The European Commission has launched the #Blockchain4EU project, which will run until February 2018. The project is an exploration of existing, emerging and potential applications based on Blockchain and other distributed ledgers in non-financial sectors.
According to DG GROW’s Director of Innovation and Advanced Manufacturing, Slawomir Tokarski:
“Blockchain and other Distributed Ledger Technologies are developing very fast. They have the potential to reshape many business models and we notice a growing interest by companies in the technologies. Many applications are at an early stage, however, and we need already to identify areas where the impact may be most significant and discuss potential challenges with stakeholders. Therefore, we are launching this project [...] to be better prepared to unlock the new opportunities provided by these technologies for industrial transformations and mitigate potential risks.”
Financial institutions have been the quickest to react to Blockchain technology and study how they can harness its powers to streamline their processes. Beyond the Fintech domain where Blockchain emerged, new uses are now being developed by a plethora of different actors.
These applications leverage the decentralized and tamper-proof solutions to the storage and transaction of value enabled by Blockchain and are coming to the foreground. Their potential to change how manufacturing and business organizations operate, and in particular how they produce and deliver goods and services, is swiftly becoming a tangible reality.
Blockchains are expected to provide a series of benefits in terms of communication, efficiency, security, reliability and transparency, such as helping to reduce fraud and counterfeiting, lowering operational costs, enhancing safety and efficiency of transactions or automating material and digital manufacturing operations.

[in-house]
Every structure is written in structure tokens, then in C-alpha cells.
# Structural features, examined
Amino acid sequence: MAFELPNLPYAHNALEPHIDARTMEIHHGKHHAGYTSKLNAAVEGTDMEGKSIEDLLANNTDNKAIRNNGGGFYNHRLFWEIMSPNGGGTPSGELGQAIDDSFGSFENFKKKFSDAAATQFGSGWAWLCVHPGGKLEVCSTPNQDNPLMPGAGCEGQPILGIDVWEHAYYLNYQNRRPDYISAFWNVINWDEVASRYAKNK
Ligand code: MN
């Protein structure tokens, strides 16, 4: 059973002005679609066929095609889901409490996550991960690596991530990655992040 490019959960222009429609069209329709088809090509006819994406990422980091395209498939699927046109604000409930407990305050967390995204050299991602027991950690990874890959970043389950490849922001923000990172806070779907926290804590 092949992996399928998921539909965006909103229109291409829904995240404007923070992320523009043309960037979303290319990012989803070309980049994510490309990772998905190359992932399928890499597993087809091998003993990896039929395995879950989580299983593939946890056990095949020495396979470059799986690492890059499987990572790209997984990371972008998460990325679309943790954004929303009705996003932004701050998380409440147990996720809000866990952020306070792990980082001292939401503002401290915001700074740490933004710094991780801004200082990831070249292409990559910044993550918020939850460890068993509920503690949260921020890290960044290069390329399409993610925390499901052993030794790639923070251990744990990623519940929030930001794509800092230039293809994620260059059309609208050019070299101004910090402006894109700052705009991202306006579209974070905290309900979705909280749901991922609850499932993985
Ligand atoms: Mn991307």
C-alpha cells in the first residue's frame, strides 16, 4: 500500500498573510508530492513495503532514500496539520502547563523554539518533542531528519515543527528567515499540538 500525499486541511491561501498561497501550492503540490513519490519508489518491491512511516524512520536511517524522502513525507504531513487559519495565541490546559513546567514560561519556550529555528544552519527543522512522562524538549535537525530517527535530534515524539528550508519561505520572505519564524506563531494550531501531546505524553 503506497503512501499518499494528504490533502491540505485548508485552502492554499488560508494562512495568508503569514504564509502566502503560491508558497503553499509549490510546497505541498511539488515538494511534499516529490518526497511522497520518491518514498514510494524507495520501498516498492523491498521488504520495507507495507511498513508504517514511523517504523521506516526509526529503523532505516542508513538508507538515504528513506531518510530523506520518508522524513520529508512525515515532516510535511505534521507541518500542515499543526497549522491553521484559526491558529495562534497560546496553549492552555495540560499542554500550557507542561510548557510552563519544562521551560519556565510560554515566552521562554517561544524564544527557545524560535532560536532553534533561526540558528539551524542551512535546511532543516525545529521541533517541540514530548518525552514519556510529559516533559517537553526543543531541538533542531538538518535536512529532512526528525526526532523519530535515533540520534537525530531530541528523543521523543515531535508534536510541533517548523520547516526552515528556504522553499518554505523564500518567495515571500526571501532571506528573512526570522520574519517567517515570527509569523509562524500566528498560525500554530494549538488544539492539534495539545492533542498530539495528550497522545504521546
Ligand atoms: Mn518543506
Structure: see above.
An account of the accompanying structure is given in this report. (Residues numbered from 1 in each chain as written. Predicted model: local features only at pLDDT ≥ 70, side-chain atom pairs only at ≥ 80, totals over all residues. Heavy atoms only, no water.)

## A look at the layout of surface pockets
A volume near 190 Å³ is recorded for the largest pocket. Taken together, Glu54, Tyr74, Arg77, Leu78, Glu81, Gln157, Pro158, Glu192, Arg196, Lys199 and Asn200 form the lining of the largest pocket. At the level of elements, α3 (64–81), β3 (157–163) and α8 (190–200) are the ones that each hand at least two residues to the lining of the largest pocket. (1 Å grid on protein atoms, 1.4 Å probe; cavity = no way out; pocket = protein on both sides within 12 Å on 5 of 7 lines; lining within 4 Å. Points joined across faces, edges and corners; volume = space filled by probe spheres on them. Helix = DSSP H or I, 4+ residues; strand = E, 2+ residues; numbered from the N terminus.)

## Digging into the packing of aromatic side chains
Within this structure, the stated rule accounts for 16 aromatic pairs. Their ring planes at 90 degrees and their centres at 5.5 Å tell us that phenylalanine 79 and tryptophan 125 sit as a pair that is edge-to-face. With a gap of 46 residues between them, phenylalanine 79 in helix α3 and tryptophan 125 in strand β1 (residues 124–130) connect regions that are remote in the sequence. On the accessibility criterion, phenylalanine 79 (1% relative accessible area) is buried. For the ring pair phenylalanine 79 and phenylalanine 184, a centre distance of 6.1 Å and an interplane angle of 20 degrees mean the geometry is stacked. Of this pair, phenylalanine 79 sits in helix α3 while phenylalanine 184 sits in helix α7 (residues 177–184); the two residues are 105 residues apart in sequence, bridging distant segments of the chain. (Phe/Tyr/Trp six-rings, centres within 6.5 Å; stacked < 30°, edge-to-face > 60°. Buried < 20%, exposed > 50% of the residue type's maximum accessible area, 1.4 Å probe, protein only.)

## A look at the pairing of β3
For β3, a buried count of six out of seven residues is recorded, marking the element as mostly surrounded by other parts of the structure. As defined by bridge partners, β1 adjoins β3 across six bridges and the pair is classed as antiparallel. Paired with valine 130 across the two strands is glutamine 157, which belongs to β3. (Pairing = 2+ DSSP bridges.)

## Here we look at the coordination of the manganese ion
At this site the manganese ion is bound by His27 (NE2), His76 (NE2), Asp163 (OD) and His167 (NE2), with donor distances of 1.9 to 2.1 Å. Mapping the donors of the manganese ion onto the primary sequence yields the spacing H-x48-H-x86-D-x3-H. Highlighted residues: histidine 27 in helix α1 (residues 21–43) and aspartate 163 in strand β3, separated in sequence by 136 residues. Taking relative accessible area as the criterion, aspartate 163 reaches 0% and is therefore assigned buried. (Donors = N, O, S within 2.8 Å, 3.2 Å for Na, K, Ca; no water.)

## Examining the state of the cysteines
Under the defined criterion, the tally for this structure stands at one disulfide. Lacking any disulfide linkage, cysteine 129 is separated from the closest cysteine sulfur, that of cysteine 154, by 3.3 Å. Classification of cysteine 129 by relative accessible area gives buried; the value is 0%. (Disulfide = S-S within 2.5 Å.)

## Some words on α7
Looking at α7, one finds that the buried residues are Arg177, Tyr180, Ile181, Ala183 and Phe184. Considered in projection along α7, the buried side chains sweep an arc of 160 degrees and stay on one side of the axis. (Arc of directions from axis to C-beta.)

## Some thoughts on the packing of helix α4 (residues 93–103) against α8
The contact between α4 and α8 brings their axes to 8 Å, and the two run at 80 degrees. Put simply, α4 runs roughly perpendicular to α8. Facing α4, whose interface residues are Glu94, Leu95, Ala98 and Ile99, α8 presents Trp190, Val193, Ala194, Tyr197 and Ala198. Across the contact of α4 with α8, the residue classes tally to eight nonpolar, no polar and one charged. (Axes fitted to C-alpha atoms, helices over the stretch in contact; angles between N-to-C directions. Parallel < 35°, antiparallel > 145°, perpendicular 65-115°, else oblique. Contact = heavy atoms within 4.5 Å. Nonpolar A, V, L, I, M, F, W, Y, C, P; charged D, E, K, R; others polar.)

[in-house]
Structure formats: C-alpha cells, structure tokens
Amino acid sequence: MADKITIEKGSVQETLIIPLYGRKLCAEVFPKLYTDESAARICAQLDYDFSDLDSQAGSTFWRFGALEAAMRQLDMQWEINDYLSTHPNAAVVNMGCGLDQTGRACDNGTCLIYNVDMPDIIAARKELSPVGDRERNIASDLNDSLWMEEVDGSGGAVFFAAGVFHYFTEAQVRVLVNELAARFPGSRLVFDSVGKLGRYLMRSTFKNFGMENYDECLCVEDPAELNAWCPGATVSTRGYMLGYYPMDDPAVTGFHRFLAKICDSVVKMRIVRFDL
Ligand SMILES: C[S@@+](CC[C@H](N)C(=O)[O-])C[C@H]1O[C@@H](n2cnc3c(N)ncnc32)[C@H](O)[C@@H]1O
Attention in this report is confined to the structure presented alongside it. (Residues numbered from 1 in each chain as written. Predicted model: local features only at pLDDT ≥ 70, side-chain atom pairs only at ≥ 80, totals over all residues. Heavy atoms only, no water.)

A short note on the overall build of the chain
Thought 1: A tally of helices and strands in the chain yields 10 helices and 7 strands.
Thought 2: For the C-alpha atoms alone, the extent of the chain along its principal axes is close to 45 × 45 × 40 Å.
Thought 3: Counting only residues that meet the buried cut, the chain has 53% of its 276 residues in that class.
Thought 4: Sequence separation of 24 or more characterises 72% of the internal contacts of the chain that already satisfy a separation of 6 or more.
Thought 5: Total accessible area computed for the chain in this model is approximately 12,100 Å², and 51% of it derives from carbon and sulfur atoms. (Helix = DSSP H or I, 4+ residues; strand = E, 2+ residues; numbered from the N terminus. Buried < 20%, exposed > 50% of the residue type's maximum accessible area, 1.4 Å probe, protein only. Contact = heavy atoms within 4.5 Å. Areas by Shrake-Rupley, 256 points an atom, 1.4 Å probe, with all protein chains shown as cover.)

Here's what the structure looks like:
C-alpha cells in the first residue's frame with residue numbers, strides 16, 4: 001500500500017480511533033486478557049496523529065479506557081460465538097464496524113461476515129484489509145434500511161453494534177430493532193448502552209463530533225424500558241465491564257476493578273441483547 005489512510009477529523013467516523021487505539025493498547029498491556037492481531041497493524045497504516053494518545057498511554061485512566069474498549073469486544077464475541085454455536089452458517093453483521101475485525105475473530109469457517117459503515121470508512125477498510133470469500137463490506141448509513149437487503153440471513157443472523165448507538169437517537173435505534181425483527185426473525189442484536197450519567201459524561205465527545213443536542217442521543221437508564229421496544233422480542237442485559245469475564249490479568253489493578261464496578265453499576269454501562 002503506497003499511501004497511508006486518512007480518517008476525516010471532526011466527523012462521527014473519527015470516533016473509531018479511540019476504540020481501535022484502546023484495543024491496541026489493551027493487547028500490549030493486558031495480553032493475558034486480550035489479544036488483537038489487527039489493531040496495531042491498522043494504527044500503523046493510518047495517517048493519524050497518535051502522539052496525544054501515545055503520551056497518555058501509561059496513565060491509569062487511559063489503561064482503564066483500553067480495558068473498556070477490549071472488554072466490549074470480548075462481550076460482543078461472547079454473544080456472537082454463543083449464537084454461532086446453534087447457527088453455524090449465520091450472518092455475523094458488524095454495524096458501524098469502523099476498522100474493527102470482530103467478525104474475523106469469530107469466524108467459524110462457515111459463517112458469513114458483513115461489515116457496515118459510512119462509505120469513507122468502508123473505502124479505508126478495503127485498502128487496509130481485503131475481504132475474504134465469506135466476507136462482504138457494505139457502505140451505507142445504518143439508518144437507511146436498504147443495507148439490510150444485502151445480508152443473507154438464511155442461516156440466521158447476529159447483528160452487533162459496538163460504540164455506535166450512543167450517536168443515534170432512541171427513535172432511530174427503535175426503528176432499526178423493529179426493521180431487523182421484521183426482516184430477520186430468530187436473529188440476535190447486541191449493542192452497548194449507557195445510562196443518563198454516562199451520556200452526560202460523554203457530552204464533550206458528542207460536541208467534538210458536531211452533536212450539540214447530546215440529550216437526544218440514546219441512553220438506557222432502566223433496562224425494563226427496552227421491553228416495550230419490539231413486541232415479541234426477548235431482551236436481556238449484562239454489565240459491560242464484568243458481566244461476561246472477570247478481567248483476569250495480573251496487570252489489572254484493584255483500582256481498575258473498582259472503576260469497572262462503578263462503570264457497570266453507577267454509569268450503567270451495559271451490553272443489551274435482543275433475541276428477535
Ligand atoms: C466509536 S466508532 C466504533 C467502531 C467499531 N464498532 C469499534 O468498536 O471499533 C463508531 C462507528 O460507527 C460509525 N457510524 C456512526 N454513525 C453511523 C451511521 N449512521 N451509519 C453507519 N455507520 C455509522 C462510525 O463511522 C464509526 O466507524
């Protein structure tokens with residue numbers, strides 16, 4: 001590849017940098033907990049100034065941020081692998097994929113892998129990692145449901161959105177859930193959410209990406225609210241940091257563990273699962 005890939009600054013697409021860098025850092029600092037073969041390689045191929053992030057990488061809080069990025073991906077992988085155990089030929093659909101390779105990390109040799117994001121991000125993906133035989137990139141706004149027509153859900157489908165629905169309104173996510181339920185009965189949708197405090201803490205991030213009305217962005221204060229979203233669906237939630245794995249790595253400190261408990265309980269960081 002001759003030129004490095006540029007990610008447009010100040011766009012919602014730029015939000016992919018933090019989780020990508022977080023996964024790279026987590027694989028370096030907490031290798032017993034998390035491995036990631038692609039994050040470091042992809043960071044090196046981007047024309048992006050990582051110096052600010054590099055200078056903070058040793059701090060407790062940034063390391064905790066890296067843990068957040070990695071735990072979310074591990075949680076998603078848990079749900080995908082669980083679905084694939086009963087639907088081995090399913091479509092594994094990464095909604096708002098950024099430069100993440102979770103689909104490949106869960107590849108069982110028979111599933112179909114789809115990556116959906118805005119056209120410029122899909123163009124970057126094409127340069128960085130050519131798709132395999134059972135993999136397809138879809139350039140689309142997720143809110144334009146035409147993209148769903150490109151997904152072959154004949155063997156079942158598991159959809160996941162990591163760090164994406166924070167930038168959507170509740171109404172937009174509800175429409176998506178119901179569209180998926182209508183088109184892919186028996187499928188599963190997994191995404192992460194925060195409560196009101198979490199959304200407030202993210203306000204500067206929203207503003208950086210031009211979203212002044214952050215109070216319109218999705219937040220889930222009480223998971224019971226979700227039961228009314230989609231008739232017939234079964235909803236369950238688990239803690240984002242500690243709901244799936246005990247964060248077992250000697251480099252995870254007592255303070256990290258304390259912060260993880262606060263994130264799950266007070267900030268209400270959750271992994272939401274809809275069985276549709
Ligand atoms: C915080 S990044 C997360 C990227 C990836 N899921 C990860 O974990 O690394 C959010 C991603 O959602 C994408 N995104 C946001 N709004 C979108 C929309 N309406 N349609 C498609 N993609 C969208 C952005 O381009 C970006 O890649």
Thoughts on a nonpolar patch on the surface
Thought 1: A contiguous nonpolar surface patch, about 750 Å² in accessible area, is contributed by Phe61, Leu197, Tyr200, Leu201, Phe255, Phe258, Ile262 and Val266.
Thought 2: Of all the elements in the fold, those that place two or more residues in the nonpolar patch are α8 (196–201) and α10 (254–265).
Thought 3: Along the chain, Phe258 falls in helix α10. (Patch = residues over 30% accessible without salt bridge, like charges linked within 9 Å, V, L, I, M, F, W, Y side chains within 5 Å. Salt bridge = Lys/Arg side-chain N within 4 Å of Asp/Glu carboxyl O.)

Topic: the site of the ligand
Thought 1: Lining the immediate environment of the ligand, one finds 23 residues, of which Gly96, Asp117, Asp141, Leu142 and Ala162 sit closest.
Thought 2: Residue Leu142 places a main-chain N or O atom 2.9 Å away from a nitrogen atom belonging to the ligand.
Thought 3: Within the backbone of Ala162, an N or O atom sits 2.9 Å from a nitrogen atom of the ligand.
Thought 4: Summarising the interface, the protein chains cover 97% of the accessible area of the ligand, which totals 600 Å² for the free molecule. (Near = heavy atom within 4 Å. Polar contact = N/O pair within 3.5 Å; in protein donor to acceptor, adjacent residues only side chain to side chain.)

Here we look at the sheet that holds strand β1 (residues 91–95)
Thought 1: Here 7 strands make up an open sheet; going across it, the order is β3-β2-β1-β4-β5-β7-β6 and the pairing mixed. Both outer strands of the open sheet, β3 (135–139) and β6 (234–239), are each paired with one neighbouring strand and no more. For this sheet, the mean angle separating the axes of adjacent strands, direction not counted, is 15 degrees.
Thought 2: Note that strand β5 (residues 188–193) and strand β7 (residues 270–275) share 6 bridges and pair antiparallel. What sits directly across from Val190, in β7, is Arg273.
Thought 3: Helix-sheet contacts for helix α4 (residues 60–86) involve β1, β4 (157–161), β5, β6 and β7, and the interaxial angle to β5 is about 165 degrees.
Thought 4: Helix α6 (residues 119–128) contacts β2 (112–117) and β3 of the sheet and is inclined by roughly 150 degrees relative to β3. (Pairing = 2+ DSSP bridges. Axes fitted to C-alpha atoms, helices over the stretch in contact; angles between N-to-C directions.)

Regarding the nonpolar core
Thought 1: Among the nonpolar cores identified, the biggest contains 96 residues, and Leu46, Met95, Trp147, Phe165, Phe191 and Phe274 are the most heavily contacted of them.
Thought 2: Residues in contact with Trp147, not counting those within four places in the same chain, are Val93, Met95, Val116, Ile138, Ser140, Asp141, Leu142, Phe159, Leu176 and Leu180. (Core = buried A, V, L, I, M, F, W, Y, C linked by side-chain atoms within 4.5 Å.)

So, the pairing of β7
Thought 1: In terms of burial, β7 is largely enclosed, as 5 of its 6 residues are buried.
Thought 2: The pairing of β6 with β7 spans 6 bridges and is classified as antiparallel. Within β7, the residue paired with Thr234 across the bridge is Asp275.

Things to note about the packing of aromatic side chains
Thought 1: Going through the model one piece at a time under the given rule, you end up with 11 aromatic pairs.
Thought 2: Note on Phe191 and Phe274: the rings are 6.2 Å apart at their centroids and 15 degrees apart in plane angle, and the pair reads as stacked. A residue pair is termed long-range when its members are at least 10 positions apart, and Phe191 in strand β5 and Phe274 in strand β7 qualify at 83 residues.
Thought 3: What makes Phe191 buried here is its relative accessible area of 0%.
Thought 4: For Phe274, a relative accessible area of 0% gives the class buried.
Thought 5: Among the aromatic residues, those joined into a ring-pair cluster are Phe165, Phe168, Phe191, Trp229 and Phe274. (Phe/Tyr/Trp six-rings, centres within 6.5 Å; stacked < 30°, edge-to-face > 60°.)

The European Commission is convinced it is crucial to understand which actions are necessary to prepare for the potential transformations and possible disruptions brought by distributed ledgers to European sociotechnical landscapes.
The project’s main goal is to identify, discuss and communicate possible uses and impacts of Blockchain and other DLT-based objects, networks and services across specific areas, from supply chains and assets monitoring, to intellectual property rights and authentication or certification.
The outputs of the project will contribute to assessing risks and opportunities for the development and uptake of Blockchain within the European industrial and business contexts, with a key focus on SMEs, innovation and competitiveness.
They will also help to shape options for regulatory, funding and other broader EU policy responses considering collaborative, decentralized, peer-to-peer and social innovation models.
The JRC’s EU Policy Lab combines its competencies in foresight, behavioral insights and design for policy to explore and assess Blockchain applications in the non-financial sectors.
Through desk and field research, stakeholder engagement and a series of co-creation workshops, the project aims to:
As of late, the European Commission has functioned as a strict proponent of Blockchain technology, though its focus has primarily been on finance technology applications. The announcement of #Blockchain4EU proves the EU has taken steps to become one of the leading regions in the Blockchain race.
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